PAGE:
In a phone interview about Cindy Parlow Cone’s appointment as the Portland Thorns FC head coach, former U.S. women’s national team head coach Tony DiCicco also discussed one specific aspect of the National Women’s Soccer League: its substitution rules.
“I would like to see them do what we did in the WUSA, which was four plus one,” he said.
DiCicco coached the U.S. women from 1994 to 1999, leading them to their historic FIFA Women’s World Cup victory in 1999. He was the founding commissioner of WUSA, and he coached the Boston Breakers of WPS.
In WUSA, similar to the early days of Major League Soccer, teams were allowed four substitutions of field players and one goalkeeper substitution. The reason the rule went away in MLS — which used a three-plus-one restriction — was teams would use that goalkeeper sub to get a fourth field-player change.
MLS teams often had their goalkeeper switch positions with a field player momentarily, sub out the goalkeeper and then have the original goalkeeper swap positions with the sub. In WUSA, however, teams had to designate which player on the bench would be the substitute goalkeeper, and only that player could enter in goal.
“It’s all for player development,” DiCicco said. “We did it in WUSA; it worked out great. For whatever reason, we weren’t allowed to do in in the WPS.”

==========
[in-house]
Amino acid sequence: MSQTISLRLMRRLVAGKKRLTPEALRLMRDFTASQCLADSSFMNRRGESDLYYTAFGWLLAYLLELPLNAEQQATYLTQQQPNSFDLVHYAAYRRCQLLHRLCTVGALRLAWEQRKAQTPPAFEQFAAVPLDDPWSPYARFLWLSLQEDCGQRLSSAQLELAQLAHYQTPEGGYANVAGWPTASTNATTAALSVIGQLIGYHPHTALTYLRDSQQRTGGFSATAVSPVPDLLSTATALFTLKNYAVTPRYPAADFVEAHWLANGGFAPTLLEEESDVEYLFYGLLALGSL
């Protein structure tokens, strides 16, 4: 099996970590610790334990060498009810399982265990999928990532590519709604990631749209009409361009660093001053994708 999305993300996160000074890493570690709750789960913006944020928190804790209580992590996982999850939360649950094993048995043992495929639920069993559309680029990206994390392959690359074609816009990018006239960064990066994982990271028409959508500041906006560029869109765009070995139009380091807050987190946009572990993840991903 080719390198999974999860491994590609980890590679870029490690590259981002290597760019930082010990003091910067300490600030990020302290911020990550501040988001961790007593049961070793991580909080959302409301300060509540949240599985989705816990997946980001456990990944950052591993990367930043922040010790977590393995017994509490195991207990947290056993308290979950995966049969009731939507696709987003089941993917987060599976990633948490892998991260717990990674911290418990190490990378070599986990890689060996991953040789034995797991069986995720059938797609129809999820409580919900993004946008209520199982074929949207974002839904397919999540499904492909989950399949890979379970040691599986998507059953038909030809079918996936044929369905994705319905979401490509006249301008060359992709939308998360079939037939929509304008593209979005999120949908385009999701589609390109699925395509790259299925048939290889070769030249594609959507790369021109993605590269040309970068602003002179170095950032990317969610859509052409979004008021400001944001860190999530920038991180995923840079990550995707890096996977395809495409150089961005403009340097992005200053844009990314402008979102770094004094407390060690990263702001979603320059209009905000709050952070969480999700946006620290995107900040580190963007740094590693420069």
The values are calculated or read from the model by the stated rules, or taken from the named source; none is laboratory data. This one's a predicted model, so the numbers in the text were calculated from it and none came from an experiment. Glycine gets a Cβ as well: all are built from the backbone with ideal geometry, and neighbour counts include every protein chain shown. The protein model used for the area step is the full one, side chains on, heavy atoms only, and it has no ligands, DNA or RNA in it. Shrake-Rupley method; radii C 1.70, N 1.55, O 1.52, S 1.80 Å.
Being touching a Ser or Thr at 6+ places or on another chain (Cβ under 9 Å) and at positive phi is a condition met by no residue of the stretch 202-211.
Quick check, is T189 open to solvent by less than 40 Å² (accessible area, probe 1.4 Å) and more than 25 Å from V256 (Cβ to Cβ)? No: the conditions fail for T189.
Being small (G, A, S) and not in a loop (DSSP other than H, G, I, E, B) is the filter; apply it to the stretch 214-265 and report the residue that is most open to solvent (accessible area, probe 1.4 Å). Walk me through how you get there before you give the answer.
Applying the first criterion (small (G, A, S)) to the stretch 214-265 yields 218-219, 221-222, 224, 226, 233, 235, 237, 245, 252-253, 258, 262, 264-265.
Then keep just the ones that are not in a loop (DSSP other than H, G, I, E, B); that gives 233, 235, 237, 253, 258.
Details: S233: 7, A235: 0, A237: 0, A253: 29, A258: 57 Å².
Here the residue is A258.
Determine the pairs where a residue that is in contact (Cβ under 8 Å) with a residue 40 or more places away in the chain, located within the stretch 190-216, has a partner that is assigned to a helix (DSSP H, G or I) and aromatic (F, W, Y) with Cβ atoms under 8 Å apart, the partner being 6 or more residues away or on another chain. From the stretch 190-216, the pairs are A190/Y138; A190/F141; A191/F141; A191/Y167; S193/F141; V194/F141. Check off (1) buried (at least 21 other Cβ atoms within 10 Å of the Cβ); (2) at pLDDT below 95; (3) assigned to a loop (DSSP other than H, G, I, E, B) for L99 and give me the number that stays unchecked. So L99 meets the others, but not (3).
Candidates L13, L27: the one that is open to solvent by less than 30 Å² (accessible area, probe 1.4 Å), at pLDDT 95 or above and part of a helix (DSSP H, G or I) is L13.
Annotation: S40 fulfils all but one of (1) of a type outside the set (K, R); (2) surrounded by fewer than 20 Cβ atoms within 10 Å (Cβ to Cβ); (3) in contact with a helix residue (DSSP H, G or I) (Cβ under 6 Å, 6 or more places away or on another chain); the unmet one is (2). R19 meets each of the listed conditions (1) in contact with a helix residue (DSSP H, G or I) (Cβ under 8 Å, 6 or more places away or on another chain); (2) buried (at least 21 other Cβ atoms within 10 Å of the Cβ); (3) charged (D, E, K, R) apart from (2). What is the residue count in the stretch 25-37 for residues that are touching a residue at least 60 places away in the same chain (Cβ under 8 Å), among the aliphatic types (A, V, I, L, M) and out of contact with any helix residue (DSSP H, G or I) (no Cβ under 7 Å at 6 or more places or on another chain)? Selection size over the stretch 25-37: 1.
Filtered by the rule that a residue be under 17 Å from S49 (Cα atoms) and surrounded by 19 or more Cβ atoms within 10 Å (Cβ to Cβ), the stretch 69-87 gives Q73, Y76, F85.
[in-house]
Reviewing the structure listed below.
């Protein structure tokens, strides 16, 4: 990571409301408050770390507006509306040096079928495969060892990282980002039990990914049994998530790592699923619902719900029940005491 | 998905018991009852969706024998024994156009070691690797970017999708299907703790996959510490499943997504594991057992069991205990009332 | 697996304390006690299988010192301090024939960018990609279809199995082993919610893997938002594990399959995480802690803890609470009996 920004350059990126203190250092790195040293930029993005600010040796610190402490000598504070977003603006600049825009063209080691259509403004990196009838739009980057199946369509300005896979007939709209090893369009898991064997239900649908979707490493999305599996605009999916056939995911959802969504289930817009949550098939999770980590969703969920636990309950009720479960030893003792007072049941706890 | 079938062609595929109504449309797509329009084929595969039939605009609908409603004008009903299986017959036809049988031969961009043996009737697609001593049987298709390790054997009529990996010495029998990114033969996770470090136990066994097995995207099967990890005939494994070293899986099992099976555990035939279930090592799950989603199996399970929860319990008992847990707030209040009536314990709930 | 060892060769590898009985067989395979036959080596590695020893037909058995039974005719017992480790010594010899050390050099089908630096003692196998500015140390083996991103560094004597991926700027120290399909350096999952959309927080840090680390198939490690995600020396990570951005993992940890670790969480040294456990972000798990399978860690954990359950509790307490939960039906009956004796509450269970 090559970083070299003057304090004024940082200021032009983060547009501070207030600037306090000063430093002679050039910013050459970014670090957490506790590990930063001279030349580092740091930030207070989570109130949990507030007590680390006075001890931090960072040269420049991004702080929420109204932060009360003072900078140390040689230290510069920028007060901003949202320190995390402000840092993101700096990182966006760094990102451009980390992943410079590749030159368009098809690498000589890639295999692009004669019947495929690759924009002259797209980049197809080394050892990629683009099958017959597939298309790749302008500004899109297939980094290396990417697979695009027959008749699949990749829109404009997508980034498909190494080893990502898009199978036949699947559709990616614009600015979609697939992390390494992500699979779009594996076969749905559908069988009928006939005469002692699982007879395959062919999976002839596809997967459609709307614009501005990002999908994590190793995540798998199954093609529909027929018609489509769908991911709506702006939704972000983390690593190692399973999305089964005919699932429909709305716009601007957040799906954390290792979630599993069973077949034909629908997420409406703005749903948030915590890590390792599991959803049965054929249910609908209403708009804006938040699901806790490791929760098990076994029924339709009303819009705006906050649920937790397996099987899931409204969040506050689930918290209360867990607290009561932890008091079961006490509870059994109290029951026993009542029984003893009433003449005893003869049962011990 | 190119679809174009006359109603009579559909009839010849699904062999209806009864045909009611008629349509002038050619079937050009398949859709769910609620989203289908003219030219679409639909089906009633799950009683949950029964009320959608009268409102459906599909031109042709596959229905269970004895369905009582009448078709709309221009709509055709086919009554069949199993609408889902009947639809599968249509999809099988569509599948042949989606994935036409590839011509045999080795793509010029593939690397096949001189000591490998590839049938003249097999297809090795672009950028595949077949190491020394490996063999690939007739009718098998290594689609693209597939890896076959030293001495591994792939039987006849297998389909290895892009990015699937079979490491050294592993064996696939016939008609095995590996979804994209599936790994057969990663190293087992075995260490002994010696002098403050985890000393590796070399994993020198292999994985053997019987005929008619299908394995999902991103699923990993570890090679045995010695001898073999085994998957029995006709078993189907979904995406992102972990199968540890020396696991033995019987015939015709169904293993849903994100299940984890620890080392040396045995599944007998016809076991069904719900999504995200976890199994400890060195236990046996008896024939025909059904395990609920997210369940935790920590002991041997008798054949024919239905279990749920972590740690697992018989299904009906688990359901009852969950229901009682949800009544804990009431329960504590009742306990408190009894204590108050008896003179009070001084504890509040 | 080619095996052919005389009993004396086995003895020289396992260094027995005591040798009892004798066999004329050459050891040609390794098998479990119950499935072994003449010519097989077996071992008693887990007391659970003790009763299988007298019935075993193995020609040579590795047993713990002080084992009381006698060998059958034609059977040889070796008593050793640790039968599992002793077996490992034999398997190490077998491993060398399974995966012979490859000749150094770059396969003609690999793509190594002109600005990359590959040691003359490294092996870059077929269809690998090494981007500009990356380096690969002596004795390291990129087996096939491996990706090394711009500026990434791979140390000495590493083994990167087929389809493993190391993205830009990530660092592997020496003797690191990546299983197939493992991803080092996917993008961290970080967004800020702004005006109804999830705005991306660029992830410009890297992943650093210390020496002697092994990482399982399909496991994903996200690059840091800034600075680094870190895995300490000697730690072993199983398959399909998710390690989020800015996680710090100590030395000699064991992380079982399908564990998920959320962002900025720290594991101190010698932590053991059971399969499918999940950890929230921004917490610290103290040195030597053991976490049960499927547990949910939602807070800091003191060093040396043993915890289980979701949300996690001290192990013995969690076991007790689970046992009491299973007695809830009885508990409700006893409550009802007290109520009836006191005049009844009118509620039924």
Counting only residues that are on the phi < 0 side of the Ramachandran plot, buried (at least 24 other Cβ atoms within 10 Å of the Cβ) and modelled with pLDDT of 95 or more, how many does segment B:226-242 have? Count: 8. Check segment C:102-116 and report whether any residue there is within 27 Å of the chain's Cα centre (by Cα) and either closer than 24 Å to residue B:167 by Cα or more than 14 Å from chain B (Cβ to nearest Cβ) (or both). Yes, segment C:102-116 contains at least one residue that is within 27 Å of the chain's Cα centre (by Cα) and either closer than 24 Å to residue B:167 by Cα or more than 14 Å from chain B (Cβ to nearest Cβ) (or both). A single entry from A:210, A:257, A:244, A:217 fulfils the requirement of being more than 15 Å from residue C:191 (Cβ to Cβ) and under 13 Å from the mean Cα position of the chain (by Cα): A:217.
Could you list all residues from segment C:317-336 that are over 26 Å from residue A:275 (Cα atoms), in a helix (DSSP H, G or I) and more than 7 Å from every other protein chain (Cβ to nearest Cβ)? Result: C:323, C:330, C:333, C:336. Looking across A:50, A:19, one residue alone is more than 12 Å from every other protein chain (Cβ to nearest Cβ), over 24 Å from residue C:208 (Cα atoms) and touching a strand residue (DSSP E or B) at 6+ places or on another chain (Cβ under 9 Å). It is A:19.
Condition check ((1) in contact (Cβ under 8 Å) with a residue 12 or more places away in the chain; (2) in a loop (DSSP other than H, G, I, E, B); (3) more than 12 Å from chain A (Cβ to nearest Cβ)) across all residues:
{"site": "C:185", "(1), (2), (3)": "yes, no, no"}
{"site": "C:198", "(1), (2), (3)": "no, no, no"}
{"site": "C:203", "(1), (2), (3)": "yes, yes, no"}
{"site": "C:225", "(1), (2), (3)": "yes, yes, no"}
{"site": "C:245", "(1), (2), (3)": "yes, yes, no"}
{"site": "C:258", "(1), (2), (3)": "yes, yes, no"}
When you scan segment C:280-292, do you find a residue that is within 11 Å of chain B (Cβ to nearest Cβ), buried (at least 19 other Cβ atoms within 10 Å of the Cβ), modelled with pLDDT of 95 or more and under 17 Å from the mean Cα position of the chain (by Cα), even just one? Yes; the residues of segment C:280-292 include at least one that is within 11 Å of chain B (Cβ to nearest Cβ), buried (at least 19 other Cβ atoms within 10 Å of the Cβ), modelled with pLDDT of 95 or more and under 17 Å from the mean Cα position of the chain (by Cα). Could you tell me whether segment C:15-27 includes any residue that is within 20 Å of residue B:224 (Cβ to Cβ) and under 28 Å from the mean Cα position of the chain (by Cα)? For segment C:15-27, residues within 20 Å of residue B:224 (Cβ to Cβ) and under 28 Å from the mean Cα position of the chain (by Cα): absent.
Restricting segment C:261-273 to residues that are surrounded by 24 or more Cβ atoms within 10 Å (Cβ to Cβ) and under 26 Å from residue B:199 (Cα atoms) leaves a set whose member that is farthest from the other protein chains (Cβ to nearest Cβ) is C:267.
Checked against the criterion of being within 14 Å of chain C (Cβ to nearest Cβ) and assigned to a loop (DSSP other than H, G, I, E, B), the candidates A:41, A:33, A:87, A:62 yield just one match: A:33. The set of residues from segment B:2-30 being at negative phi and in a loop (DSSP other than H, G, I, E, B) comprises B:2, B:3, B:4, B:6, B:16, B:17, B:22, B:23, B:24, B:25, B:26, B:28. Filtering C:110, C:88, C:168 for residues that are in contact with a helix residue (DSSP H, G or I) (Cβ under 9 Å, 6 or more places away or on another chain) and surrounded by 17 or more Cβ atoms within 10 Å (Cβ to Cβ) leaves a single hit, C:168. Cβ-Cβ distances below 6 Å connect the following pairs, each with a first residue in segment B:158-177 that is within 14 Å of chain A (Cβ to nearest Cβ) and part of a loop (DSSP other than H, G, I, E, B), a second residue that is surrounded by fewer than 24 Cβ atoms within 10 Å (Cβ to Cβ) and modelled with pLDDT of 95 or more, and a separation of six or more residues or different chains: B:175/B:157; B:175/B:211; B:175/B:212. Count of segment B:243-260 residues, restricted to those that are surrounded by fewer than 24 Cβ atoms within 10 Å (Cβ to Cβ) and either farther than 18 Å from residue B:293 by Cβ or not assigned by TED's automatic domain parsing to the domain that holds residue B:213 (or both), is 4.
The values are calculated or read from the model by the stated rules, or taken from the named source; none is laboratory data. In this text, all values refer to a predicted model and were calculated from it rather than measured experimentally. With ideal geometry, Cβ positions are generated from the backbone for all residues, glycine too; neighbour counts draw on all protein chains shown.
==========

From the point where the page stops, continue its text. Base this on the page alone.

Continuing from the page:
WPS had a three-player substitution rule, in accordance with FIFA bylaws. This is the standard substitution limit in professional leagues around the world.
DiCicco said his ideal substitution rule would allow coaches to get more players experience, and it would make it easier to deal with national team call-ups and injuries than if the league institutes the standard three substitutions per game rule.
“In the college game, you can get players minutes (and) kind of keep a bigger bench happy,” he said, specifically referring to Parlow Cone’s transition from coaching in the NCAA to NWSL.
By NCAA regulations, substitutions are unlimited, except players cannot re-enter the game in the first half; they may re-enter once in the second half and in overtime. No professional leagues in the United States have those same rules, but the NCAA way does allow for more players to get playing time and develop in a competitive atmosphere.
While certain details on NWSL player allocation have started coming to light, the league is still a little way off from announcing rules and regulations for the upcoming inaugural season.
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